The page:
FlexJobs’ Survey Explores Varying Workplace Attitudes of Millennials and Older Workers

Source: Flexjobs

Today FlexJobs released new insights from its August 2018 survey, which gathered responses from over 3,000 workers about key topics related to career, work flexibility, and workplace issues. FlexJobs specifically analyzed and compared responses from members of the millennial generation with those who identified with the baby boomer or silent generation to uncover differences and similarities in workplace attitudes and behaviors and find out why work flexibility matters to them.

“Although the generations are interested in work flexibility for different reasons, one thing is clear: they all place a high value on work flexibility, with particular emphasis on telecommuting options,” said Sara Sutton, founder, and CEO of FlexJobs. “Another point that their responses made overwhelmingly evident is that working within the confines of a traditional office environment is not conducive to producing most employees’ best work. When people of all ages think they would be more productive working from home, employers really need to re-examine their antiquated notion that working 9-to-5 in an office is the best way to maximize results from their employees,” Sutton concluded.

Here are a few notable differences in attitudes between millennials and the baby boomer generation regarding key workplace issues and work flexibility issues:

On why they work:

  • Millennials prioritize the ability to travel, with 60% saying it’s one of the primary reasons they work, second only to paying for basic necessities (82%) and ahead of saving for retirement (55%) and paying off debt (50%).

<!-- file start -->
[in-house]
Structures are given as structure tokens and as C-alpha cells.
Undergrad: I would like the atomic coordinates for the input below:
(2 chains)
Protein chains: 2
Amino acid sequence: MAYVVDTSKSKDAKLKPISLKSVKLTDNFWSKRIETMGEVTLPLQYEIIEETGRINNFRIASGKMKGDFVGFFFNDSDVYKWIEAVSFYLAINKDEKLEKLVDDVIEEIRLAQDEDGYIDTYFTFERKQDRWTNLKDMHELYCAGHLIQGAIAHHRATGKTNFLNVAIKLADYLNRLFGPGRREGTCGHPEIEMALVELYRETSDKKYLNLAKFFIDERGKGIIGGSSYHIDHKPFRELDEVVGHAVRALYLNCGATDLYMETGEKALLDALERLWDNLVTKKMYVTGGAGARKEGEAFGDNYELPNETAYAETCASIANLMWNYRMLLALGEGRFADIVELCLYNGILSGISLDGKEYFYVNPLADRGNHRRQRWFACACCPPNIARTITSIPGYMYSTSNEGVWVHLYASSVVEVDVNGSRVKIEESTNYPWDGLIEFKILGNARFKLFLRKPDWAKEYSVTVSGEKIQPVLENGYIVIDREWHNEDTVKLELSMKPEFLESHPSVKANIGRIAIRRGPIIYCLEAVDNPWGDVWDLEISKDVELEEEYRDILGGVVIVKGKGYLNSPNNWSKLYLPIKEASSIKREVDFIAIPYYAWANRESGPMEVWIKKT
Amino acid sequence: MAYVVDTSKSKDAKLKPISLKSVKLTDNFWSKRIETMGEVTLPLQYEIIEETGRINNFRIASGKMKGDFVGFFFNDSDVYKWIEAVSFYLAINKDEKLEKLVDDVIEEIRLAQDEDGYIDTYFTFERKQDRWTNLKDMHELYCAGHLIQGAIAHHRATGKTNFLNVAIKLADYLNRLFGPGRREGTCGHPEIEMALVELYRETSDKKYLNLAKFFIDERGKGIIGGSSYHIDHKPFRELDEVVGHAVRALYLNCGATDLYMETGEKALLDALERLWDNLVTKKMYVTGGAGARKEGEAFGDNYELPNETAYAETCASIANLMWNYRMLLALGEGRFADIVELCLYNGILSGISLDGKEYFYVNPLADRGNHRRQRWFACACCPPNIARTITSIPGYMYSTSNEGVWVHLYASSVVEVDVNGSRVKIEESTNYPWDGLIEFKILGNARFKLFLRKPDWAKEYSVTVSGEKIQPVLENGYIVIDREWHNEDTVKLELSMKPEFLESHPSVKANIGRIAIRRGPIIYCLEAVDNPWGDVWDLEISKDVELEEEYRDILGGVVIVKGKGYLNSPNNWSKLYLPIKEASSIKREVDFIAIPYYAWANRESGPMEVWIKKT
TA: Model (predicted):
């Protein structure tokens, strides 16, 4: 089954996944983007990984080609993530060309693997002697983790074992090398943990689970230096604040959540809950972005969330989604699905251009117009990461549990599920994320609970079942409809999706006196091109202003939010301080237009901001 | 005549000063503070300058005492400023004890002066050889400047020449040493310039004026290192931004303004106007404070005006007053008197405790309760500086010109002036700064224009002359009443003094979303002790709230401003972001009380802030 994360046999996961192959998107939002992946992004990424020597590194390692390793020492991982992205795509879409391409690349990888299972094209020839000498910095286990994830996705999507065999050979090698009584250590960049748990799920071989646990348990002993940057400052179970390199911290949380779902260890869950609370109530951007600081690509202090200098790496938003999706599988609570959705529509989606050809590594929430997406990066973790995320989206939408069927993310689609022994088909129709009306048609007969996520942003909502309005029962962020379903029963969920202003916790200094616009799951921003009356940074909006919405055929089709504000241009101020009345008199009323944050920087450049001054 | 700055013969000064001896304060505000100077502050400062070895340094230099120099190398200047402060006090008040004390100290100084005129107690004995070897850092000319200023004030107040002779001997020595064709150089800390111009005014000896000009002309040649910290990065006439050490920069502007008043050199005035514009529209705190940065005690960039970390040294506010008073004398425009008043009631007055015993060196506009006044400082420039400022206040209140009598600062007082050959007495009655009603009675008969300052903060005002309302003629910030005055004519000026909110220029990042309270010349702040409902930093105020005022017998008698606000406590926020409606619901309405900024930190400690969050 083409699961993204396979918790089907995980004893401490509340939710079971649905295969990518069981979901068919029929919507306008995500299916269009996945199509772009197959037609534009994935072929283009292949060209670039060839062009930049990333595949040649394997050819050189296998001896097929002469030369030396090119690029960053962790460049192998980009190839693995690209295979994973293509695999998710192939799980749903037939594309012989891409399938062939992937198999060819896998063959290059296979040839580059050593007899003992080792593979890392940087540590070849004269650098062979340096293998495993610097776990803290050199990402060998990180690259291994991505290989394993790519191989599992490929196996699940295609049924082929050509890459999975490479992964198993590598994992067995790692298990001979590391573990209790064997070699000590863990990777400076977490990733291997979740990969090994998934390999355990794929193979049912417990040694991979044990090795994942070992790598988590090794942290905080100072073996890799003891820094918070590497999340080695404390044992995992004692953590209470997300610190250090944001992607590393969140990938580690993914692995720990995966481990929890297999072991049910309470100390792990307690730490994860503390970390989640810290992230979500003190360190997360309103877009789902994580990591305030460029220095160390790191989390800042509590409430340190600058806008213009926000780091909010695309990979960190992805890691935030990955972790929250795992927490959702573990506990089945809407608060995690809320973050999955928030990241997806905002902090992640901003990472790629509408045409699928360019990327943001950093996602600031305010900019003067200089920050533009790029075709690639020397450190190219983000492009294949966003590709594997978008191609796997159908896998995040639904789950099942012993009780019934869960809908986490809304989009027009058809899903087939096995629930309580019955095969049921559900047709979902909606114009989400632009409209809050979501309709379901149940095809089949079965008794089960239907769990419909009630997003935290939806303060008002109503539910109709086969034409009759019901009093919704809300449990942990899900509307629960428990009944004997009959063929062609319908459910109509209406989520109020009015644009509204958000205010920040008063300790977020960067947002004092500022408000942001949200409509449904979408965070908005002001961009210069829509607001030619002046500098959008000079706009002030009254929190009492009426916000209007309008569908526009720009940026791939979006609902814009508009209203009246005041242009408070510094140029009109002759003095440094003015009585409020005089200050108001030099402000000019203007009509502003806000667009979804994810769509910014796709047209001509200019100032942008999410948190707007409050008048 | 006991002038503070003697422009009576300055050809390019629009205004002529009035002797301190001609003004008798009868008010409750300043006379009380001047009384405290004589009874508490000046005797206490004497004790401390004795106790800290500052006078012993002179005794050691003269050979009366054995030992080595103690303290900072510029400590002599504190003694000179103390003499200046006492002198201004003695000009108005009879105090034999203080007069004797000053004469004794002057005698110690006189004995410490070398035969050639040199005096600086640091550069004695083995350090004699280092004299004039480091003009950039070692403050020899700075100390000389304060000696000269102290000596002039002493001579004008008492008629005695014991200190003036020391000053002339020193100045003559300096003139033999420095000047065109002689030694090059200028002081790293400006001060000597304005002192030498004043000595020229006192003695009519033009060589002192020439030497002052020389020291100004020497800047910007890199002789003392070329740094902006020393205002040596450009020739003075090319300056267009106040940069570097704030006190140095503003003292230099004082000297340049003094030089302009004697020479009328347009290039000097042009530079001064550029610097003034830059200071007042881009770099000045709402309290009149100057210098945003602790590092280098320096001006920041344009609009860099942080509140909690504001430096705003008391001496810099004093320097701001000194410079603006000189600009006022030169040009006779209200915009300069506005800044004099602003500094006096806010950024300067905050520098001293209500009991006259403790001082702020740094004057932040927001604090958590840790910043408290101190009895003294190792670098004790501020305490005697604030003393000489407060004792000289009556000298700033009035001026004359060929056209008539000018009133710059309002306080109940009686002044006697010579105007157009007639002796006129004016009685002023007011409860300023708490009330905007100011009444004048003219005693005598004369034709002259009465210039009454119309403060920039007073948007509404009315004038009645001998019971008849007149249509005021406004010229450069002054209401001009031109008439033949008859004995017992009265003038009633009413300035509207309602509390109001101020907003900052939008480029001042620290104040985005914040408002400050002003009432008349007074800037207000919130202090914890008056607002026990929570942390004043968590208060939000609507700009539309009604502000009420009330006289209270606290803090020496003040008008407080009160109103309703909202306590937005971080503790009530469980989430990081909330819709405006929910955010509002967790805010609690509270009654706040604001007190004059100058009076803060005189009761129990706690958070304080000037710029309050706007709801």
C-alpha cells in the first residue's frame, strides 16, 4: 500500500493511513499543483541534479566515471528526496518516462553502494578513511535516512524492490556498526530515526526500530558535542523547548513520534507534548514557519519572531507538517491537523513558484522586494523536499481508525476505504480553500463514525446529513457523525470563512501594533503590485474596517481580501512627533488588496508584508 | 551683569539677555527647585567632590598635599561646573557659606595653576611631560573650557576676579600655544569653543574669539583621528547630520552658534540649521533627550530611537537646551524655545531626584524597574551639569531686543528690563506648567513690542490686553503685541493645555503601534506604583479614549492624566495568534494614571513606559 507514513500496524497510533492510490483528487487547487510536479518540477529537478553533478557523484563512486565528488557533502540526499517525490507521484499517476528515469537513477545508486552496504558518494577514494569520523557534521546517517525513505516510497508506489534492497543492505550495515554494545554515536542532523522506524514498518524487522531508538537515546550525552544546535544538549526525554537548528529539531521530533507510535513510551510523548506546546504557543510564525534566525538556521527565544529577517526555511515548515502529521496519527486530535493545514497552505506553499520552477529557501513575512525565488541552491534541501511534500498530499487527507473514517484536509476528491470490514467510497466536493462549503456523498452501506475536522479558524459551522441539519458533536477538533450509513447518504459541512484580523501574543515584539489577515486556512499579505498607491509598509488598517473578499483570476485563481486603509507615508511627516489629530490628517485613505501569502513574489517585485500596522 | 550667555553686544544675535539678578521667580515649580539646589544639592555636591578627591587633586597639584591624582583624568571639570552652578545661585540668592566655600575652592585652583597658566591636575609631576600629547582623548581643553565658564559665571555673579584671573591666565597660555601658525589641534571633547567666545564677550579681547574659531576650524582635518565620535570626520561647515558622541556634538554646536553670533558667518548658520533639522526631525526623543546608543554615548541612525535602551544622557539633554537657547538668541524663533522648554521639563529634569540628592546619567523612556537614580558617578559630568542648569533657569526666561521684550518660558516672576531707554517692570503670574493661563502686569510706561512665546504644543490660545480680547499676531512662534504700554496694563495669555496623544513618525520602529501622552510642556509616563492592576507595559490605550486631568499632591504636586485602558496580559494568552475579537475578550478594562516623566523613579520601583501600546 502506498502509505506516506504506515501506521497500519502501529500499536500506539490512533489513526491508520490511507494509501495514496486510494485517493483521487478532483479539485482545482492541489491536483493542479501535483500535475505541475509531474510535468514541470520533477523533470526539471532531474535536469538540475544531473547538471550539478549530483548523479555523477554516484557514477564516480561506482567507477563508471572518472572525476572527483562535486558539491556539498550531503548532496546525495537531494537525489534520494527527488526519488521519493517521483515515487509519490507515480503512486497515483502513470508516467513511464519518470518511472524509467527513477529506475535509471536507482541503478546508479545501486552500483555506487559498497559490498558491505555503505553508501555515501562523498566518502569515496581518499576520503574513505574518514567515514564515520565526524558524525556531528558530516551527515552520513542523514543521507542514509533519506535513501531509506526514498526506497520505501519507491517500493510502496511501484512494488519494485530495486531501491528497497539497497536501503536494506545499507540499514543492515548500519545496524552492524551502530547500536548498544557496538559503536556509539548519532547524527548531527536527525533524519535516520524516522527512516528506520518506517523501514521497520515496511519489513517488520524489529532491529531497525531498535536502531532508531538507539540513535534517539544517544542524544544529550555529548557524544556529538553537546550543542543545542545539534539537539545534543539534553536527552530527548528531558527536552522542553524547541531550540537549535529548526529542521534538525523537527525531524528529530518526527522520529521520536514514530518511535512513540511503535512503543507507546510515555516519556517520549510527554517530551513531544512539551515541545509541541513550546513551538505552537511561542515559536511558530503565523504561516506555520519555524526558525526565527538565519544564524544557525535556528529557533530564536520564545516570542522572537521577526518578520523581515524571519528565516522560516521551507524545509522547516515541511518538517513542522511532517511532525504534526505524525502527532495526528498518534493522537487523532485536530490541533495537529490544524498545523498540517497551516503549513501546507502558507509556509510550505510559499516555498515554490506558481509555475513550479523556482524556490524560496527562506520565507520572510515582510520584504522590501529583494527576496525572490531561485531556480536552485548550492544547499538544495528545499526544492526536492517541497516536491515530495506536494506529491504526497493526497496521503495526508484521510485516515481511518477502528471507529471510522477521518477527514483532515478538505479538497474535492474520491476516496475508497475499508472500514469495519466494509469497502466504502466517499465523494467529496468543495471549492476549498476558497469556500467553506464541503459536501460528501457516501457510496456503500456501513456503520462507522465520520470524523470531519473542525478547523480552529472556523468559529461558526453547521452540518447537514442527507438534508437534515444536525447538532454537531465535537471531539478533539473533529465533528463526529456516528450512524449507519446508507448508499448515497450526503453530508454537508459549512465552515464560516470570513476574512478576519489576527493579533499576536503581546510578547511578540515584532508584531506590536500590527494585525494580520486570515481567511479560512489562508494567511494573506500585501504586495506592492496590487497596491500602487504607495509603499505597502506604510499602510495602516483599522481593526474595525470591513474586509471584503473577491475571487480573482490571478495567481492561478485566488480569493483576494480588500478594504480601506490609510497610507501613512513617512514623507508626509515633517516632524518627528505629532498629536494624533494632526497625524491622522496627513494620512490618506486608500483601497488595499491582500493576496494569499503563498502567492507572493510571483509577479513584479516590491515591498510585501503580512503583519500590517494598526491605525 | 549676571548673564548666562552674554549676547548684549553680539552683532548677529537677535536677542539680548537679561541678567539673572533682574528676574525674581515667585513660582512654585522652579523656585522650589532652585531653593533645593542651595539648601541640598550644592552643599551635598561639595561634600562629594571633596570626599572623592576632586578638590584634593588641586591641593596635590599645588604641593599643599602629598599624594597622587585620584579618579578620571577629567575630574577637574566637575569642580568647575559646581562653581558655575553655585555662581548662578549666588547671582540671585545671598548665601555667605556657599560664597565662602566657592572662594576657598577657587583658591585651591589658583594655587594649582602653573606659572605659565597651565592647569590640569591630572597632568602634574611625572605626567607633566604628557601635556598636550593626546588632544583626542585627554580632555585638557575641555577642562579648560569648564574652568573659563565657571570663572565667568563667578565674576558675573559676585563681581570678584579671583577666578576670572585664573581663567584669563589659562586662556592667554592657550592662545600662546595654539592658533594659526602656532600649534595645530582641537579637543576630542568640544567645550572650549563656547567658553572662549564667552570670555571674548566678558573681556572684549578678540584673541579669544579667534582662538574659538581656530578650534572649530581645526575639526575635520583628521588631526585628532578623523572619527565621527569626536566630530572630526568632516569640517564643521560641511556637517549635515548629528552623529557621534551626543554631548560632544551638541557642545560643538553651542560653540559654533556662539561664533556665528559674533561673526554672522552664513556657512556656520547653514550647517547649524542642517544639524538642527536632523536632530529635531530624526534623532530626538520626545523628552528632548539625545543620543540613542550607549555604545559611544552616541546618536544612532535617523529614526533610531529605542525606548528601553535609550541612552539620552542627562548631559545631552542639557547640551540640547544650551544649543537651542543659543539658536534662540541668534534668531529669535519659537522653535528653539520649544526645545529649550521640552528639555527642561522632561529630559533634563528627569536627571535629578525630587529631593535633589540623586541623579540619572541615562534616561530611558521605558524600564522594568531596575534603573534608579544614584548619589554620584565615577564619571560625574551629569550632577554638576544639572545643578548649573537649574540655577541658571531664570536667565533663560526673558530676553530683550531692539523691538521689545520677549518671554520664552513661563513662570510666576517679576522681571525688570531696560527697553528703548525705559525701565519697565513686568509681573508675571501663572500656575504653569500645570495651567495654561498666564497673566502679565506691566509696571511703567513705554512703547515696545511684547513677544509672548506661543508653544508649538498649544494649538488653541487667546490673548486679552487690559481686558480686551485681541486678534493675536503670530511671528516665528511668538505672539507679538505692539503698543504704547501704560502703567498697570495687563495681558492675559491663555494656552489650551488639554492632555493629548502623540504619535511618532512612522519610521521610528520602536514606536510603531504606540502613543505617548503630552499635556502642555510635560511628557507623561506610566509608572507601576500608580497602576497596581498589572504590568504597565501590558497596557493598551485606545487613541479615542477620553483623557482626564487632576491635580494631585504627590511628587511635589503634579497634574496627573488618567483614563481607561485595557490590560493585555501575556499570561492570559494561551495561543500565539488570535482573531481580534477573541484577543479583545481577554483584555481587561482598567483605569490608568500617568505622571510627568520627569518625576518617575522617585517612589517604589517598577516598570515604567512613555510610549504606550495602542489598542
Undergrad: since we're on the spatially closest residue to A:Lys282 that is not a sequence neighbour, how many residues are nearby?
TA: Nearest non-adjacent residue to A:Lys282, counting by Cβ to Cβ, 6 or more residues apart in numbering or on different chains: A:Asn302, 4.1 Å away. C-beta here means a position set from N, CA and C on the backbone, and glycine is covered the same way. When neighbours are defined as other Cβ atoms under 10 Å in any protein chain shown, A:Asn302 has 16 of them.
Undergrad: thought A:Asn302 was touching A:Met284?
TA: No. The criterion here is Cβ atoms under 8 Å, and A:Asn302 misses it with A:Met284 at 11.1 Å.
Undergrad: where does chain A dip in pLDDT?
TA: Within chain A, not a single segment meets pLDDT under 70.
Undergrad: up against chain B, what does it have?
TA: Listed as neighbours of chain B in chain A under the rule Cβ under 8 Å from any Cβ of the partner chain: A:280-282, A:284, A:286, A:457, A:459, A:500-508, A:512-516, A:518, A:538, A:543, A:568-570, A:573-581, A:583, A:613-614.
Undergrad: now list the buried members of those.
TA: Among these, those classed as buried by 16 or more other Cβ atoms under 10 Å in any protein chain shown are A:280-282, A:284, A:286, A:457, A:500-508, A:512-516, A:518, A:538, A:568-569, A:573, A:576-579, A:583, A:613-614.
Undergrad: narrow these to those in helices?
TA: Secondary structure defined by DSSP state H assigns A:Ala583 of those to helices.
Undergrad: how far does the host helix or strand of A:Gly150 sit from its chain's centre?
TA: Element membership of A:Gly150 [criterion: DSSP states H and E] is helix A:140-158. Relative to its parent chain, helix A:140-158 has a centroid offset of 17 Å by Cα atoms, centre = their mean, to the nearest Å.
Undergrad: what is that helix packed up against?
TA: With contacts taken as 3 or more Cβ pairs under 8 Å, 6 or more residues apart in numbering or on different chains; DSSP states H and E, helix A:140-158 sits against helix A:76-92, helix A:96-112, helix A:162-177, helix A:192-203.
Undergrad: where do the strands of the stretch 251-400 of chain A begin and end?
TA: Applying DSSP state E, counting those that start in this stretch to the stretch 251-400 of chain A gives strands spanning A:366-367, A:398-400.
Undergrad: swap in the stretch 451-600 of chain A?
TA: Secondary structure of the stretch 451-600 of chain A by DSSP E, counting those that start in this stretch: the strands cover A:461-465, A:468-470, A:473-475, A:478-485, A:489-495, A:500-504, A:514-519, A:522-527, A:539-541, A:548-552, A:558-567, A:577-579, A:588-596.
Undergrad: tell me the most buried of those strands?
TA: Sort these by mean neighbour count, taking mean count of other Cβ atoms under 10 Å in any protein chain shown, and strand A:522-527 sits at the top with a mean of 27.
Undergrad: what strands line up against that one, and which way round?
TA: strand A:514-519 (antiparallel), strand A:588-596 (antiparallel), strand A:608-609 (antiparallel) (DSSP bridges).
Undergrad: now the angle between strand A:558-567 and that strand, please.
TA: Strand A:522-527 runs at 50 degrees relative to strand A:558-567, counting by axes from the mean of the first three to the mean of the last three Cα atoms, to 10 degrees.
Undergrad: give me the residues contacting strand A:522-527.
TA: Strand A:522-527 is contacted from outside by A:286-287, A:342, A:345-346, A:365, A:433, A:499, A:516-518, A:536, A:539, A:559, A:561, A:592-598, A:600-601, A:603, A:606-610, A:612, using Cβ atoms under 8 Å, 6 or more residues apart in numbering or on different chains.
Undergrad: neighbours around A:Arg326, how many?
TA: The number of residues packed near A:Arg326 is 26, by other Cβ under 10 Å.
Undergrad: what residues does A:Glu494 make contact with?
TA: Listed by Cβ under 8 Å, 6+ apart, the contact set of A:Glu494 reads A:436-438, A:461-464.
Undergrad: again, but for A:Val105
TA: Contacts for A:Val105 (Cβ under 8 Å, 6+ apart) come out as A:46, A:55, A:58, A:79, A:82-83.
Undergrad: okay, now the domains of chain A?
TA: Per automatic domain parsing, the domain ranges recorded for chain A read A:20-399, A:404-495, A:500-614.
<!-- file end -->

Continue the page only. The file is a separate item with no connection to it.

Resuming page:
• Older workers say the primary reasons they work, behind paying for basic necessities (65%), are because they enjoy working (56%), to save for retirement (53%), to pay off debt (44%), and to travel (44%).

On loyalty to an employer:

  • 78% of millennials say they would be more loyal to an employer if they had flexible work options, while only 71% of older workers say the same thing.
  • 70% of millennials have left or considered leaving a job because it lacked flexible work options, while only about half of older workers report the same.

Flexjobs Infographic - Work life balance

On the gender pay gap:

  • Millennials think the gender pay gap and gender inequality are more problematic than older workers, with 60% of millennials saying it was a problem in today’s workplace vs. 53% of older workers saying it was a problem.

On what they value:

  • Millennials value company perks more than older workers (35% vs. 17%), and are more concerned with company culture (44% vs. 29%).

On how they identify themselves:

  • Older workers identified with computer & IT (14%) and medical & Flexjobs infographic - How Millennials identify themselves vs Older Workershealth (13%) as relevant career categories at
  • higher rates than millennials did (11% and 10%). Older workers also identify working in the education category (21%) more so than millennials (14%).

“Although the generations are interested in work flexibility for different reasons, one thing is clear: they all place a high value on work flexibility, with particular emphasis on telecommuting options,” said Sara Sutton, founder, and CEO of FlexJobs. “Another point that their responses made overwhelmingly evident is that working within the confines of a traditional office environment is not conducive to producing most employees’ best work. When people of all ages think they would be more productive working from home, employers really need to re-examine their antiquated notion that working 9-to-5 in an office is the best way to maximize results from their employees,” Sutton concluded.

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